A comic touch on illegal immigration

A comic touch on illegal immigration
Author Romain Puertolas is in Singapore this week for the Francophone festival organised by Institut Francais Singapour.

Who writes a funny novel while working on the dead serious task of taking down human traffickers?

Romain Puertolas did, composing The Extraordinary Journey Of The Fakir Who Got Trapped In An Ikea Wardrobe in just three weeks on his cellphone in between his shifts as a deputy inspector with French border services.

Now a best-selling author who writes full time, the 39-year-old is in Singapore this week for the Francophone festival organised by Institut Francais Singapour.

"When I was a police inspector, every day, I saw illegal migrants of every nationality," he tells Life! in an interview.

He will give a talk in French at Alliance Francaise tomorrow and another in English at Books Kinokuniya's main store on Saturday.

"I said to myself: I could be them.

I'm lucky because I'm French, I can get a visaquickly to go anywhere, but they have to cross the border illegally to get money because they can't get work in their own country.

The guy in front of me, I could be him if I were born in Africa."

The Extraordinary Journey Of The Fakir Who Got Trapped In An Ikea Wardrobe (or L'Extraordinaire Voyage Du Fakir Qui Etait Reste Coince Dans Une Armoire Ikea in French) describes the misadventures of Ajatashatru Oghash Rathod, a man from India, who is visiting France legally to buy a bed of nails from Ikea - the Hertsyorbak series, one of many punny jokes in the text.

The hero inadvertently becomes an illegal immigrant to other countries, such as Italy and Libya, when he gets stuck in a wardrobe at the store.

Both hilarious and heart-warming, the novel takes potshots at stereotypes and racial intolerance in Europe.

It is a powerful call for understanding immigrants, both legal and illegal, and has sold more than 200,000 copies in Puertolas' native France alone since it was published last year, not counting the other 30-odd countries it has been published in.

"It's the eighth novel I've written - I write fast - but the other seven were not published.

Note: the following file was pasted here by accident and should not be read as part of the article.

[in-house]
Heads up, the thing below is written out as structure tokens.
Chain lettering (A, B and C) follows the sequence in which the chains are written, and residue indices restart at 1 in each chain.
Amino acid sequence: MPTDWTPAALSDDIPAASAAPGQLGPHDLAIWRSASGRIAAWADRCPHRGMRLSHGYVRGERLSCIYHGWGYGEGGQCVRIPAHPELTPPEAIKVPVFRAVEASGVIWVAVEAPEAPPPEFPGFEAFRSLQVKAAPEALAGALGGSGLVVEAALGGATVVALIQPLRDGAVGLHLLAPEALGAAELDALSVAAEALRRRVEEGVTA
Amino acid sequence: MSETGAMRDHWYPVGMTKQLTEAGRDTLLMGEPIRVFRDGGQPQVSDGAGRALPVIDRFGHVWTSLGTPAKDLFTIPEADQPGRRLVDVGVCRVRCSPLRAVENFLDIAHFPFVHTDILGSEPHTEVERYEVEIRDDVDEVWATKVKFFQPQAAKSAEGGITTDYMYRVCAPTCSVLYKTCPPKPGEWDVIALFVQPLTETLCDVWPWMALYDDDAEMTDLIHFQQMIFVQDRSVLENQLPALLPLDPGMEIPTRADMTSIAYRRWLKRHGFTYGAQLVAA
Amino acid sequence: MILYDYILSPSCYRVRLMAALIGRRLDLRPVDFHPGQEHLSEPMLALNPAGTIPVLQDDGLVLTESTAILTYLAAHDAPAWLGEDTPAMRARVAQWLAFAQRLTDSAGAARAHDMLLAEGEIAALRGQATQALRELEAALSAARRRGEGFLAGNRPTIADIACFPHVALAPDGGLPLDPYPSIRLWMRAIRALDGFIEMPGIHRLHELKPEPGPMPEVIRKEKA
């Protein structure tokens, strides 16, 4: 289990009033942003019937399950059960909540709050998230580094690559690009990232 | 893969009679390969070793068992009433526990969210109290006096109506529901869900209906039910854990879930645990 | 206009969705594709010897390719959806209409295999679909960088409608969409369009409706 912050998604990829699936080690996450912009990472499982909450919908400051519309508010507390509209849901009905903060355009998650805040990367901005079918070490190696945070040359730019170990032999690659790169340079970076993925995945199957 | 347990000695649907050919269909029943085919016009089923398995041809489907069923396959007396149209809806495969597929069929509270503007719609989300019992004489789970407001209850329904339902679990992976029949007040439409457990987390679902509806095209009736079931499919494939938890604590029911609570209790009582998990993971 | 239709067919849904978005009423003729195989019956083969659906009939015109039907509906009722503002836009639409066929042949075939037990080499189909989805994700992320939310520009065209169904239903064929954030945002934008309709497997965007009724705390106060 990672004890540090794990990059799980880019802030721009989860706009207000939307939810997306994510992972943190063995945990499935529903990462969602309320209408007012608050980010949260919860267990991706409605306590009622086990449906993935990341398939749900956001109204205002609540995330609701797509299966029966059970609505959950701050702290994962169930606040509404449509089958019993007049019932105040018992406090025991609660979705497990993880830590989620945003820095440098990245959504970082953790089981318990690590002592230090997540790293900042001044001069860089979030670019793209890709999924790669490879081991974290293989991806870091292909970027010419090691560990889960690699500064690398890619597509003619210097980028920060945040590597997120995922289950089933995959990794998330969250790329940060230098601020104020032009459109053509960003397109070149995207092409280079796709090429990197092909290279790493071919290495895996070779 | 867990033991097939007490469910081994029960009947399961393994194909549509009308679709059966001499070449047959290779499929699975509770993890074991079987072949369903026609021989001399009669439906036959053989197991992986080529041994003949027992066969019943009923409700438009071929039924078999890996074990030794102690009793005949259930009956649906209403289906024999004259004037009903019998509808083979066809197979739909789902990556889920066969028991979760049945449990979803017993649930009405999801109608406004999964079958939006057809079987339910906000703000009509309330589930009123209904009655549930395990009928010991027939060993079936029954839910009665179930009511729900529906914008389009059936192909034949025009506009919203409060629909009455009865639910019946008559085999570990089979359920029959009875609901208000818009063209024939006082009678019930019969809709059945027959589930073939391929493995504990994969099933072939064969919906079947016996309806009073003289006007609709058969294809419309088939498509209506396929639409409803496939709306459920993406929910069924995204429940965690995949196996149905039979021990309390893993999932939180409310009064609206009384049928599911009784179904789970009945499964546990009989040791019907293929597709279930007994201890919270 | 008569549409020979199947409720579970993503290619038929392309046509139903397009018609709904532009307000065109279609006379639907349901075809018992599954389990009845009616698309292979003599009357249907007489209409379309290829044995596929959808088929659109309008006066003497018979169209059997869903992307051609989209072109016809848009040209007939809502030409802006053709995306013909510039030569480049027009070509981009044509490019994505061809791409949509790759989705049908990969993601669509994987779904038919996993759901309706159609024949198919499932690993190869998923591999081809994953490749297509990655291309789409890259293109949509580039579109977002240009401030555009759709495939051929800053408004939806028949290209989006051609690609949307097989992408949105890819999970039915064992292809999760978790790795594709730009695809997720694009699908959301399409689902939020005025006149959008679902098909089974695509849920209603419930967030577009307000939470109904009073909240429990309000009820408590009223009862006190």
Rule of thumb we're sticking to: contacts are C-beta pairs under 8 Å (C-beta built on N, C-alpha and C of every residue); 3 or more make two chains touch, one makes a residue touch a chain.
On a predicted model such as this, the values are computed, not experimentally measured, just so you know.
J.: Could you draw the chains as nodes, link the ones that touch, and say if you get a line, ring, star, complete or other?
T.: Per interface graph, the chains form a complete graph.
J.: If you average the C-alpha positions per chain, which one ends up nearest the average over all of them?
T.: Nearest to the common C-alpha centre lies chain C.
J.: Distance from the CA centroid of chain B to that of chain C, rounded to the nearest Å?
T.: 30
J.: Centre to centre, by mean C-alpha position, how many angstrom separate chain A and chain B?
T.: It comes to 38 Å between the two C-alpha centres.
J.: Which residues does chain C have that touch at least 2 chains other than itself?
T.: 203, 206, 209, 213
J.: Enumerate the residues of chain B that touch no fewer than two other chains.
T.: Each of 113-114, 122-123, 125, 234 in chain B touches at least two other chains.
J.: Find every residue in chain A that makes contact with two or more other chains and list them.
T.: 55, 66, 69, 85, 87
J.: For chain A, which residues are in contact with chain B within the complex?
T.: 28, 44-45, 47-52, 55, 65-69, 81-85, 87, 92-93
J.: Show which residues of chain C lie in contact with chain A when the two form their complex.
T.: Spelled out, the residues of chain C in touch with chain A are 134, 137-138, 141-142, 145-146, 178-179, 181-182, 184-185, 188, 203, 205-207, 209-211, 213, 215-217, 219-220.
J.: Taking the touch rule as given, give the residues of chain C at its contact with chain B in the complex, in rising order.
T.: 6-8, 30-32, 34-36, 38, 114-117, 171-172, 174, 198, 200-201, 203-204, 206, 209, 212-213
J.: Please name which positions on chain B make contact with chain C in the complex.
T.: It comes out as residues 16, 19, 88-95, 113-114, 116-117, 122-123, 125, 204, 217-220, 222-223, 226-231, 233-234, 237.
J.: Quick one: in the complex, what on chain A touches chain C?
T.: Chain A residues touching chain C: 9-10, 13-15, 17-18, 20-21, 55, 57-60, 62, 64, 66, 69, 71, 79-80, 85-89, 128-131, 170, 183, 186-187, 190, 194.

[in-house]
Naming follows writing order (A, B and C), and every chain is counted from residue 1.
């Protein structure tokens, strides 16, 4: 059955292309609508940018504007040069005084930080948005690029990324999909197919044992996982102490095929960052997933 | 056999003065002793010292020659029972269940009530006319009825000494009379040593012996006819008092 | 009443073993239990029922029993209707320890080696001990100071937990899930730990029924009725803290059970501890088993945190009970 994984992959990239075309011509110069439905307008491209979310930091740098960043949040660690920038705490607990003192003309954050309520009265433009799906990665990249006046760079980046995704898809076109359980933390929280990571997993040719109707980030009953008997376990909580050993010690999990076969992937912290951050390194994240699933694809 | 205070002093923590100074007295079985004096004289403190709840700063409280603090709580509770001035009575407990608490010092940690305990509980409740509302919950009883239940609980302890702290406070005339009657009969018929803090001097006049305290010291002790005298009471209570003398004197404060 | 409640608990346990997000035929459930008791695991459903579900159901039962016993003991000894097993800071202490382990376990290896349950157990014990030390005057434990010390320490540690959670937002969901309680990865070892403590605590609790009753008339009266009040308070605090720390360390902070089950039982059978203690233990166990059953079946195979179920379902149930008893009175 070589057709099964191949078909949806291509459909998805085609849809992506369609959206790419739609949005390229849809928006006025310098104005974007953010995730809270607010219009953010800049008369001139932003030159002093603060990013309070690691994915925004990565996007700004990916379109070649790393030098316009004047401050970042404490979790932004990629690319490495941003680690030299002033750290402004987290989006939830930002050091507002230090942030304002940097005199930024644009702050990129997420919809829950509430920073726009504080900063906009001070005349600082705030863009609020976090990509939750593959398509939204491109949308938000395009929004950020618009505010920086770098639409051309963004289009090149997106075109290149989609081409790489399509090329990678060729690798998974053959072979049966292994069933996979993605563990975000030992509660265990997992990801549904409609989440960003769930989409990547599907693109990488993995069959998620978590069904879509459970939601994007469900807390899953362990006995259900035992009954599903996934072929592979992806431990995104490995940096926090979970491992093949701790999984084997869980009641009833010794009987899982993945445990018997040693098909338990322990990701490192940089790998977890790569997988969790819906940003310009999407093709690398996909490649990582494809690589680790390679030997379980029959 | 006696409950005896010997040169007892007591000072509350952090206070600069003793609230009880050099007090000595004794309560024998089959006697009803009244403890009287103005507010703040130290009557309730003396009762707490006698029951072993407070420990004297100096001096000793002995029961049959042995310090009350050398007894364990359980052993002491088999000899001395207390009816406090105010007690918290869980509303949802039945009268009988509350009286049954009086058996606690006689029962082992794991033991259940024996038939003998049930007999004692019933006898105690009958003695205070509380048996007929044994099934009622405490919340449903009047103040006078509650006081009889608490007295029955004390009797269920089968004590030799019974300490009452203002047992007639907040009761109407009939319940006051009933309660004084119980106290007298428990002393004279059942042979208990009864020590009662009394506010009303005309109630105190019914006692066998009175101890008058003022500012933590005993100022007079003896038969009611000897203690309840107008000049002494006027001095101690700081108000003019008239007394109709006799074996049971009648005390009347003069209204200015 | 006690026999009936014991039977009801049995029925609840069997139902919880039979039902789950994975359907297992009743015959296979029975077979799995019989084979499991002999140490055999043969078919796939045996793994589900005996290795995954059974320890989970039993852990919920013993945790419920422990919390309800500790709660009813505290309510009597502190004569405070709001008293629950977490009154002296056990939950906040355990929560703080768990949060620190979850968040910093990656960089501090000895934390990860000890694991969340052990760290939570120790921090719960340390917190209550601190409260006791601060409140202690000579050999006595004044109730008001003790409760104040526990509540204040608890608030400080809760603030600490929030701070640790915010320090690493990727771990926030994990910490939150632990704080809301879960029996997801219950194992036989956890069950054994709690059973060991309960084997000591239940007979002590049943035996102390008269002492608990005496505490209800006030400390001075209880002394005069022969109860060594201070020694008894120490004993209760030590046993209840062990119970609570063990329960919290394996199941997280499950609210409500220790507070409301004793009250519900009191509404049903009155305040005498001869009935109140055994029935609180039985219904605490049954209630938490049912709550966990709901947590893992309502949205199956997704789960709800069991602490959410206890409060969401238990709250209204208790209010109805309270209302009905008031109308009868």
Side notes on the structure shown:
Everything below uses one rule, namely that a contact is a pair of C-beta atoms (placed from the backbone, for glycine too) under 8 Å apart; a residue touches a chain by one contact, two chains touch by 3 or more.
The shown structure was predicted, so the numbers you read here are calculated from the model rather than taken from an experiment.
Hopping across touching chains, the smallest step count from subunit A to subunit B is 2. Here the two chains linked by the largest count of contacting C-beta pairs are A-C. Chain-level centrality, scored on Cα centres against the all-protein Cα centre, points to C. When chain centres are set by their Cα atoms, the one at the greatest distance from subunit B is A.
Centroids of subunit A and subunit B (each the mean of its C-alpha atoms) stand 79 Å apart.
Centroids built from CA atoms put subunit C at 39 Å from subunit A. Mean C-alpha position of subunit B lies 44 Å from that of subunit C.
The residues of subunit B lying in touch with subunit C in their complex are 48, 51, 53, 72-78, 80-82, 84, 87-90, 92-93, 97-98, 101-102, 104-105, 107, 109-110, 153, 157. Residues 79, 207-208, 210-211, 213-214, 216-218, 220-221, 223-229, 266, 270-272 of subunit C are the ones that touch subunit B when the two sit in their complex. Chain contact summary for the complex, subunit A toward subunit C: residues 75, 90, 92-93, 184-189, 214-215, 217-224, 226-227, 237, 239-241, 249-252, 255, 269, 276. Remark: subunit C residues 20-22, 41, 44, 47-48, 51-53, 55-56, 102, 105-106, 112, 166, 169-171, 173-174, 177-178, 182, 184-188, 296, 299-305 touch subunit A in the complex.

It's been one year and three or four months now and I still don't believe it," he says.

Puertolas began writing fiction when he was seven.

"My ordinary life, the quotidian, was not enough for me," he says, though it included a roving childhood in the south of France, following the drum with his single mother, a French army administrator.

He began working as a DJ at age 14 and gave up the travelling musician life at 25 to become a linguist.

He has a master's in Spanish and French literature from the University of Grenoble and, though he wanted to teach Spanish in France, ended up moving to Madrid to teach and translate French.

There, he met his wife Patricia, a paediatrician - they have two children Leo, three, and Eva, one - and worked in air traffic control before moving back to France to work with border services and investigate fake passports and work permits.

His first novel has been such a snowball success that Ikea demanded a disclaimer in every book to prove the author is not authorised by or affiliated with the Swedish group.

"No, I didn't receive any furniture from them," he says, laughing.

His second published novel references another popular icon: La Petite Fille Qui Avait Avale Un Nuage Grand Comme La Tour Eiffel, or The Little Girl Who Swallowed A Cloud As Big As The Eiffel Tower, was released in France in January and has already been sold to some 16 countries (a date for the English edition has not been set).

One wonders whether his propensity for long titles comes from the success of other comic European novels such as Swedish author Jonas Jonasson's The Girl Who Saved The King Of Sweden (2014) and The Hundred-Year-Old Man Who Climbed Out The Window And Disappeared (2009), which was made into a film last year.

"I've always liked big titles.

I'd like you to be in another world even when you read the title," Puertolas says.

"When you read the title, it's like a spell, a magic phrase. You read it out and you're already in my fantasy."

The Extraordinary Journey Of The Fakir Who Got Trapped In An Ikea Wardrobe by Romain Puertolas (2014, Random House, $17.95) is available at Books Kinokuniya.

Book it


Where: Alliance Francaise, 1 Sarkies Road

When: Tomorrow, 7pm

Admission: E-mail cdrfrance@alliancefrancaise.org.sg

Info: Talk is in French

Where: Books Kinokuniya Main Store, Ngee Ann City

When: Saturday, 2pm

Admission: Free

Info: Talk is in English


This article was first published on Mar 5, 2015.
Get a copy of The Straits Times or go to straitstimes.com for more stories.

More about

Purchase this article for republication.



Your daily good stuff - AsiaOne stories delivered straight to your inbox
By signing up, you agree to our Privacy policy and Terms and Conditions.